We have ordered 3 tonnes of self-binding gravel and will go along the path, clearing away dirty path and filling/brushing in with new material and consolidating it.There is one particular area between the two fields that we shall also run a drain to help reduce flooding on the path from the soft surface.I would expect the above to take place over the next two weeks however more likely it will be next week.
Following the storms last year, three trees have fallen and blocked the path. Many residents very much enjoy walking along this path but are hampered by the trees. We have asked David Walton, Leisure Manager at London Borough of Lewisham, to arrange for them to be cleared. See the following (multiple pictures are shown but there are in fact only three fallen trees across the path):
The first two pictures in particular show that one tree is causing a substantial obstruction to the flow of the river itself, and as such we have also sent information about this obstruction to the Environment Agency.
Following the river Ravensbourne overtopping its banks in the storm before Christmas, readers might find the following web site interesting:
It gives details of the height of water in rivers in our area.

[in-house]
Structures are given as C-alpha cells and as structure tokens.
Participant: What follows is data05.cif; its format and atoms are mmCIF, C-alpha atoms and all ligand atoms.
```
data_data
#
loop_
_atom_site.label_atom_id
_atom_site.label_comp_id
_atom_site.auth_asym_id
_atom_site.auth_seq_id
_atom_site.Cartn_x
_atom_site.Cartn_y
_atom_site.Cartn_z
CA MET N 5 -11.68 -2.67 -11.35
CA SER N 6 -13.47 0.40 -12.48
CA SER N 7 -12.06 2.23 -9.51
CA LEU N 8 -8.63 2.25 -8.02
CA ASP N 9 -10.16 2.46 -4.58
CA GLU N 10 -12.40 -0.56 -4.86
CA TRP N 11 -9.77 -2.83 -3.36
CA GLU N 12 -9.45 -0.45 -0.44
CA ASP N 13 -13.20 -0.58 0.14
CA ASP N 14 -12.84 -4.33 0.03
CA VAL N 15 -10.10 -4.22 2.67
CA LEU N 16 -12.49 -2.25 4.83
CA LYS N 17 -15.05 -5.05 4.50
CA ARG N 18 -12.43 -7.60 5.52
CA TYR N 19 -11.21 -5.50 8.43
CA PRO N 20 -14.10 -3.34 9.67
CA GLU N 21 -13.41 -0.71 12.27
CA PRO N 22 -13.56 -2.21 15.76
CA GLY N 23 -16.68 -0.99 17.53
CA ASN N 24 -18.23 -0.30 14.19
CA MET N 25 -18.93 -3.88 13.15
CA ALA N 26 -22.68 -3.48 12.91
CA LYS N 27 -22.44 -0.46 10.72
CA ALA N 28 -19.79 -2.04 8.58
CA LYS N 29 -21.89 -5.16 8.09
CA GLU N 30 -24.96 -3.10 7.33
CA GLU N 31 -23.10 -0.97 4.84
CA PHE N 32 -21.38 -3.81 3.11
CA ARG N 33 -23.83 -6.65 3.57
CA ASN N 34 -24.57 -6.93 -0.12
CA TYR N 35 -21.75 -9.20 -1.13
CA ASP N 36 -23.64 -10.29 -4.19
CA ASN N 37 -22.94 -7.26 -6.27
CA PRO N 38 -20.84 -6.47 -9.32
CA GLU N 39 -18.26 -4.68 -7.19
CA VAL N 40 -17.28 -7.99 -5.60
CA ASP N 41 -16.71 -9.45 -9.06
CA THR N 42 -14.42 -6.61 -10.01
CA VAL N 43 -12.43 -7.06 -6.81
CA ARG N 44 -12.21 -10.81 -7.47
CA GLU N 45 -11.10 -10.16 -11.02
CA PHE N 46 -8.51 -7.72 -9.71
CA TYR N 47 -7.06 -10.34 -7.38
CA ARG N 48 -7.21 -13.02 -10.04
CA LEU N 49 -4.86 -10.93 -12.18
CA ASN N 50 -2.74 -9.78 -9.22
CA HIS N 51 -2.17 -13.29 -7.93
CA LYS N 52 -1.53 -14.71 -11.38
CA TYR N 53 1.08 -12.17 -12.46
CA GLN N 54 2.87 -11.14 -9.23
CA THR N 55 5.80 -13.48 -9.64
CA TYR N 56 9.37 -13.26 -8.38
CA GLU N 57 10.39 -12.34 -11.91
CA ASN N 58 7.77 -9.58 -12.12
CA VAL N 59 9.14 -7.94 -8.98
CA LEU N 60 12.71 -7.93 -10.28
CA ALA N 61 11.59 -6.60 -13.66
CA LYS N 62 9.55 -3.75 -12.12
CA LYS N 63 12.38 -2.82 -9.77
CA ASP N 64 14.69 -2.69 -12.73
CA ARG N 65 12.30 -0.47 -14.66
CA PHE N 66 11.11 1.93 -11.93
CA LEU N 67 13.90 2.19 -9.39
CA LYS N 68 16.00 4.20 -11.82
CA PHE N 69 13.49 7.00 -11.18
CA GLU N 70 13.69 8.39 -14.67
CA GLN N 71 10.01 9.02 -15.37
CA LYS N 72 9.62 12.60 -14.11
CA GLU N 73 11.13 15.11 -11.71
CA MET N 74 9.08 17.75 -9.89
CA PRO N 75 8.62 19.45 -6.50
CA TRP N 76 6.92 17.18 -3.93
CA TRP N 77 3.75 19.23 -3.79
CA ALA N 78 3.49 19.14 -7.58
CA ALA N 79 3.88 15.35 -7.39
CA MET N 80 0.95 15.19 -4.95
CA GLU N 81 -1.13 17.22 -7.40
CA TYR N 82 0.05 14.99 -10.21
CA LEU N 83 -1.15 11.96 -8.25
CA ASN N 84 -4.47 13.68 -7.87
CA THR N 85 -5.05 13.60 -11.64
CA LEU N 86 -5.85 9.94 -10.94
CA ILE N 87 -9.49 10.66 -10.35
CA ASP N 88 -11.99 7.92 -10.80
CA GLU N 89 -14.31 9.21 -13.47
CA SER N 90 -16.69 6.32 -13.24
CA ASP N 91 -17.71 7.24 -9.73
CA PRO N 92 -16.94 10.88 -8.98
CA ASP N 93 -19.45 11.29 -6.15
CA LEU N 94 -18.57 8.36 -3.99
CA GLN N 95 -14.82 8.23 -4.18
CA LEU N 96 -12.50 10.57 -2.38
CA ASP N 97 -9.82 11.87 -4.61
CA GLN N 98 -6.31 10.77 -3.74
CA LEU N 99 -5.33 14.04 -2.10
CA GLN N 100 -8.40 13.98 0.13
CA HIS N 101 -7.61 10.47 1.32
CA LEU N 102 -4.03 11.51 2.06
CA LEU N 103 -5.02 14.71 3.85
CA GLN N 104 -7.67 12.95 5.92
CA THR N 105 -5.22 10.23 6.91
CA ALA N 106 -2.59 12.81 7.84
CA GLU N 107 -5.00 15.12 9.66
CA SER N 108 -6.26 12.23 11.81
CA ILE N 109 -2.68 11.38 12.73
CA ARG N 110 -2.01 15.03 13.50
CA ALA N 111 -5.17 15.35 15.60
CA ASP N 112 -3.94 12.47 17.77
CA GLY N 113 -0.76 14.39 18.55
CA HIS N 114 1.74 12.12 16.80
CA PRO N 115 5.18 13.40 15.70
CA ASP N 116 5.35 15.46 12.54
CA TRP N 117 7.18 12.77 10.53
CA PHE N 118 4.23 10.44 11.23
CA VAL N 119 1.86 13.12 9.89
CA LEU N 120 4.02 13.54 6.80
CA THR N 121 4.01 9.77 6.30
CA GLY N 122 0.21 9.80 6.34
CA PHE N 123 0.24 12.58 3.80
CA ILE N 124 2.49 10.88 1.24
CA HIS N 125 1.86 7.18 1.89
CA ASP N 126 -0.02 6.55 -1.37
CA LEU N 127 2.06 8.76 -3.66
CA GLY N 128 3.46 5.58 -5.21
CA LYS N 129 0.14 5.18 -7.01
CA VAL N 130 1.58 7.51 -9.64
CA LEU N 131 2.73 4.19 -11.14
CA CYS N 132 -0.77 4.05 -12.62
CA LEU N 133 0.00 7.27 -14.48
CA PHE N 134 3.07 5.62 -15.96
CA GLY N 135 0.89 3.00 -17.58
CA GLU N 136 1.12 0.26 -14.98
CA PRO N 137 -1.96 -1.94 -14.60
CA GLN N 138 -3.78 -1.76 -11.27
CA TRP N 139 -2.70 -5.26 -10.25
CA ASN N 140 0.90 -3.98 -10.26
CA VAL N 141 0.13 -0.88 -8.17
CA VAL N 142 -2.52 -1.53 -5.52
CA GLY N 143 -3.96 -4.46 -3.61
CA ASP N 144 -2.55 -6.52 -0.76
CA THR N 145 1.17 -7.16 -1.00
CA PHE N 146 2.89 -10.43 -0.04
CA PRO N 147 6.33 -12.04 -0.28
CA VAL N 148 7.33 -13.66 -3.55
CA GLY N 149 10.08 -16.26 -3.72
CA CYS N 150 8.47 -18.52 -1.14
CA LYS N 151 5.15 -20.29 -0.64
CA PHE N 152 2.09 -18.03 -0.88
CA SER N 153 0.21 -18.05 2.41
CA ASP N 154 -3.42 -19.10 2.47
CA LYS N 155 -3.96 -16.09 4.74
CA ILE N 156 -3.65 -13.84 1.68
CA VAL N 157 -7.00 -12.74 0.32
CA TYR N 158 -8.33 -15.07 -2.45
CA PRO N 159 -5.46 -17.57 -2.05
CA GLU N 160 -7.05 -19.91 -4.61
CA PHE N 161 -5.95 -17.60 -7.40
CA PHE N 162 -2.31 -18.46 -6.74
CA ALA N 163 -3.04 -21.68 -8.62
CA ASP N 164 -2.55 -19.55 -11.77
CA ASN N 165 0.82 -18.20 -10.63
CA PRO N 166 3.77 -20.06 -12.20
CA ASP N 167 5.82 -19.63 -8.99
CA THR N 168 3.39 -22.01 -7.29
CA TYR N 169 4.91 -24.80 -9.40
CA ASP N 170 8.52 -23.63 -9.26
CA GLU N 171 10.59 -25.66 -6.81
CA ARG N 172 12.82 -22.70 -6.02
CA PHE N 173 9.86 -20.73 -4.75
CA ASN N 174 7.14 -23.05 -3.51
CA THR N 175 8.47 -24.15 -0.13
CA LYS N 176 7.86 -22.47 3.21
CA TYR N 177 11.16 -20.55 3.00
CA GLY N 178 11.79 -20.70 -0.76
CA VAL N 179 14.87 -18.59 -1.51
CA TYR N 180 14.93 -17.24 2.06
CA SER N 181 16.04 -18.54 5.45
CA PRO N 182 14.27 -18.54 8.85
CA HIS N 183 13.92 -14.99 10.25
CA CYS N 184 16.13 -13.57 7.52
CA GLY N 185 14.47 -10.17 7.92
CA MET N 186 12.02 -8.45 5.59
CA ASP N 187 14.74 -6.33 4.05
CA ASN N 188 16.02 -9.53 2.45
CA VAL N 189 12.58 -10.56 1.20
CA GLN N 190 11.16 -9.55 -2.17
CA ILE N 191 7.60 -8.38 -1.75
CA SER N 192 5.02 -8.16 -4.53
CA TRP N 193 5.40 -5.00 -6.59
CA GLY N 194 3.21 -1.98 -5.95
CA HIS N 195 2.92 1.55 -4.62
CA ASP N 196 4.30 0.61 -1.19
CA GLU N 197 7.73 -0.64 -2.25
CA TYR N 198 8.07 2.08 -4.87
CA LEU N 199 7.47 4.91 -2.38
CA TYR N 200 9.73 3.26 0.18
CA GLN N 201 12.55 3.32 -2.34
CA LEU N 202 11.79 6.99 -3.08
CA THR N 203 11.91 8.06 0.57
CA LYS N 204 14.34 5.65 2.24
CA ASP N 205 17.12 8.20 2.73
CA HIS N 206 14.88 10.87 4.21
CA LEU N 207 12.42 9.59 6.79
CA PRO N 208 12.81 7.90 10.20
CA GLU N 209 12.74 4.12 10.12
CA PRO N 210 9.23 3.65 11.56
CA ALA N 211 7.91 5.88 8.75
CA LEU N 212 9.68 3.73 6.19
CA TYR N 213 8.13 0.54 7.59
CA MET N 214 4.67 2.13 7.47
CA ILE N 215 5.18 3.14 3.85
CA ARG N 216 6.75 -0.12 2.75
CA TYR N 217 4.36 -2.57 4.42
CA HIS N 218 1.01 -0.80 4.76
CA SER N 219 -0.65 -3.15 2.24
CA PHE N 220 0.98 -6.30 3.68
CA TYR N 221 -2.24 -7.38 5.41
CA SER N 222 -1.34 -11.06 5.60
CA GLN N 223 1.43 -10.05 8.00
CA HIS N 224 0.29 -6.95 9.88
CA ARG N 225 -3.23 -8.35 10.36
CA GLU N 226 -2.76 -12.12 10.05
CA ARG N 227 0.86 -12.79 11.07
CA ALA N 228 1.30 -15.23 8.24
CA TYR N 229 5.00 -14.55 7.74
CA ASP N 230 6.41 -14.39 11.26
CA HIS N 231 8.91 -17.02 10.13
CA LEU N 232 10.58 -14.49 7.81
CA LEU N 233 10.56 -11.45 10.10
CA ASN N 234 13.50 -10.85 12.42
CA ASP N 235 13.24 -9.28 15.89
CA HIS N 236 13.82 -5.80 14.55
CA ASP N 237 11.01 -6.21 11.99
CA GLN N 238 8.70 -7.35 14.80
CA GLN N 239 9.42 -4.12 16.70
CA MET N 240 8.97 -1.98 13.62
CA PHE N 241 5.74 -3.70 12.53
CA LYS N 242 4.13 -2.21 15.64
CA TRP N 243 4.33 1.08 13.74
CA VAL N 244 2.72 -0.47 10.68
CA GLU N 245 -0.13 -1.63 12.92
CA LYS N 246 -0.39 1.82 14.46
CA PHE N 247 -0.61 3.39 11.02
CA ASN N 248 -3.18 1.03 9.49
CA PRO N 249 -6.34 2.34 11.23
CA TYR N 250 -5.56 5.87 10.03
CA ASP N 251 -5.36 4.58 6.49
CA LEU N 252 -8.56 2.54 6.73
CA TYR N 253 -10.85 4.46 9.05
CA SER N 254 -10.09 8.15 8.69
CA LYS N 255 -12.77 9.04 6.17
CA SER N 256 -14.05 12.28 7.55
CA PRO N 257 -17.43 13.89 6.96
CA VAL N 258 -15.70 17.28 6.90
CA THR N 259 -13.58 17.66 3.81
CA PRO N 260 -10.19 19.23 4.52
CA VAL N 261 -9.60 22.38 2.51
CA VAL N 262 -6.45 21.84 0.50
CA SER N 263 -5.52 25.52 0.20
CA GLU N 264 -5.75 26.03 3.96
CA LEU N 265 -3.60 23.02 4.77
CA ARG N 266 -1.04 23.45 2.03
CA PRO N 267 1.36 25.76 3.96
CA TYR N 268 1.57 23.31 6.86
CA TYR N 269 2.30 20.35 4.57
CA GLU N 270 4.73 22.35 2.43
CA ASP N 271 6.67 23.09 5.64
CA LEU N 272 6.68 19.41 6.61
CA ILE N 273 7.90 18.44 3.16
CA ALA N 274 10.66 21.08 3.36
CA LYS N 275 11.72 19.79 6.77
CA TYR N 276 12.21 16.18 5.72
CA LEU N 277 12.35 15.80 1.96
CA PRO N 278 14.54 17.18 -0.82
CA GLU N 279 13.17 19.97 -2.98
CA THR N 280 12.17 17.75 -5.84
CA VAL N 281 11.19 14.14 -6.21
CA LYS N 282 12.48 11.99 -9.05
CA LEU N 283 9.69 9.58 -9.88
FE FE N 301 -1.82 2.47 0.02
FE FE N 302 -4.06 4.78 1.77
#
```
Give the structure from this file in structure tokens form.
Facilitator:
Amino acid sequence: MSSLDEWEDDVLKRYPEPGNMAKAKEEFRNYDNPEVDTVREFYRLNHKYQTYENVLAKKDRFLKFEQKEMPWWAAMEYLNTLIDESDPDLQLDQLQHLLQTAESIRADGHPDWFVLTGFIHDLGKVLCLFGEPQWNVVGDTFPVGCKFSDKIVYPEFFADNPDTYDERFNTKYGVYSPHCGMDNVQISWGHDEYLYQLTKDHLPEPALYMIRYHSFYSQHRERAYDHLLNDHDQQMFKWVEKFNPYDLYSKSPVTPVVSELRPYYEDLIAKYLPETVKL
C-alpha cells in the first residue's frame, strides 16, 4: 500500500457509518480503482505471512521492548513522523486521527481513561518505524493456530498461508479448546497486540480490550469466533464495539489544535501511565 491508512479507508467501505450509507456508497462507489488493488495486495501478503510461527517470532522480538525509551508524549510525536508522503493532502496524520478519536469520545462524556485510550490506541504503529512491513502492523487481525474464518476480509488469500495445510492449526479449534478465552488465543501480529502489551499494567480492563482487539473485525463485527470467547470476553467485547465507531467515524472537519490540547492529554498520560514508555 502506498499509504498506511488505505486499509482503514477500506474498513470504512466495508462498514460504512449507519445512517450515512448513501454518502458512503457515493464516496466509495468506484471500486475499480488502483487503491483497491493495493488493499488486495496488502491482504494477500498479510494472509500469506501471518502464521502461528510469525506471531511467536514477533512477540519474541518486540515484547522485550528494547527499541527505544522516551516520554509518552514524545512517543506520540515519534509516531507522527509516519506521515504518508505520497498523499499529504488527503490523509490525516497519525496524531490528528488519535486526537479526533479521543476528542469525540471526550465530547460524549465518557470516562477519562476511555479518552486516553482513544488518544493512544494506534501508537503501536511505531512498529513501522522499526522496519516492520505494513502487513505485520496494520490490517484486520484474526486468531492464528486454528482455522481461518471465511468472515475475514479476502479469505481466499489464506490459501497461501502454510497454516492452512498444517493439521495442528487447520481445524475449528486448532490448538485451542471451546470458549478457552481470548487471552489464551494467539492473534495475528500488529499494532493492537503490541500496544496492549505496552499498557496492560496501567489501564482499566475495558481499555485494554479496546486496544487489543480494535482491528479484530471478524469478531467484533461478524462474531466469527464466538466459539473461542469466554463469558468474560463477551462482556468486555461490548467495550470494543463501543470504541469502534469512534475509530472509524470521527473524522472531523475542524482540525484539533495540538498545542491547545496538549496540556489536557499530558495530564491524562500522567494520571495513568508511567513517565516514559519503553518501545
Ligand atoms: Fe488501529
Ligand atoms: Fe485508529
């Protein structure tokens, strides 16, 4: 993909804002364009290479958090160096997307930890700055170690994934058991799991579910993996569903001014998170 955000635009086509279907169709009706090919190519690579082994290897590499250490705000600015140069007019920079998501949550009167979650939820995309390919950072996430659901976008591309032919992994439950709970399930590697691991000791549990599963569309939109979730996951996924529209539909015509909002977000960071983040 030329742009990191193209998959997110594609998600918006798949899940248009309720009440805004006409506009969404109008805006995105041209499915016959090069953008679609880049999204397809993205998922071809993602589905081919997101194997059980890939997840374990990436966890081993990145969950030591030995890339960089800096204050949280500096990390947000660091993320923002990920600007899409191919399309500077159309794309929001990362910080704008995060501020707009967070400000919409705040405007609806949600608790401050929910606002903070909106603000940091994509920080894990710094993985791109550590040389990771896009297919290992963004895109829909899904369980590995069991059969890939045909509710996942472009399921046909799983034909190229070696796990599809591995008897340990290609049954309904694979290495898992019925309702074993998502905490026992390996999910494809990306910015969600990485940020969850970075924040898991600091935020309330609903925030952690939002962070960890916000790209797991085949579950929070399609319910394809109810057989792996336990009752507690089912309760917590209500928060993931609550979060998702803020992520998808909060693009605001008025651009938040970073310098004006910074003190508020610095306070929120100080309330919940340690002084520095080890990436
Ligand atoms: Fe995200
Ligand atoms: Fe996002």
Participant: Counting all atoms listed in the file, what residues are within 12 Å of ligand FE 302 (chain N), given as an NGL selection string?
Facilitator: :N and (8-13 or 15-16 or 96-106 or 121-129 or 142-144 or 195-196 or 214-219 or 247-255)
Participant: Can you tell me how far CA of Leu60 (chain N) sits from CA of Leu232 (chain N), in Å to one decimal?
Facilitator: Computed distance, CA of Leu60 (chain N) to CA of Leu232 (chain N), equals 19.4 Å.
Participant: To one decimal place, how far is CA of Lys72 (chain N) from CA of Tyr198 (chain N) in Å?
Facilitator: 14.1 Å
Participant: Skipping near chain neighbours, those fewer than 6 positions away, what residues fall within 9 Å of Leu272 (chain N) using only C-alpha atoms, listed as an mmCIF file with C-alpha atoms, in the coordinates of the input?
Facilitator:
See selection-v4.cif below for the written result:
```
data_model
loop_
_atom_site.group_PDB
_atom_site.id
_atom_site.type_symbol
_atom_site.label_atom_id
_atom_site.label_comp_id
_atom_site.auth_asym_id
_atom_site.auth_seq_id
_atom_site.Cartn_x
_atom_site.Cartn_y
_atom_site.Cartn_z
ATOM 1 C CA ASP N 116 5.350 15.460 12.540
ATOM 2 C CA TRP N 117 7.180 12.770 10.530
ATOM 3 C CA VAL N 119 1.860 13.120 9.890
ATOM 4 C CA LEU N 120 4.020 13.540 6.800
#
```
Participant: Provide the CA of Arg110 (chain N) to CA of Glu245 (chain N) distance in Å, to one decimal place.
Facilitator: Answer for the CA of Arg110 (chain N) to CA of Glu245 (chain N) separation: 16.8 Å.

And here is a website containing general information about the Ravensbourne:
- London's Lesser Known Rivers - The Ravensbourne
though note that the history or tradition of the origin of the Ravensbourne given there appears to be entirely fanciful. In reality, the earliest documented name is Randesbourne 1360, then Rendesburne 1372, Randysborne 1516 and Ravensburn 1575. The later spelling is thus due to folk etymology, and the likely meaning is 'boundary stream', from Old English rand and burna. In its ten-mile course, the Ravensbourne forms the boundary between several sets of parishes.
Some storm damage pictures: a tree down across the footpath next to Warren Avenue Playing Fields and two new water features on the golf course after the river overtopped its banks.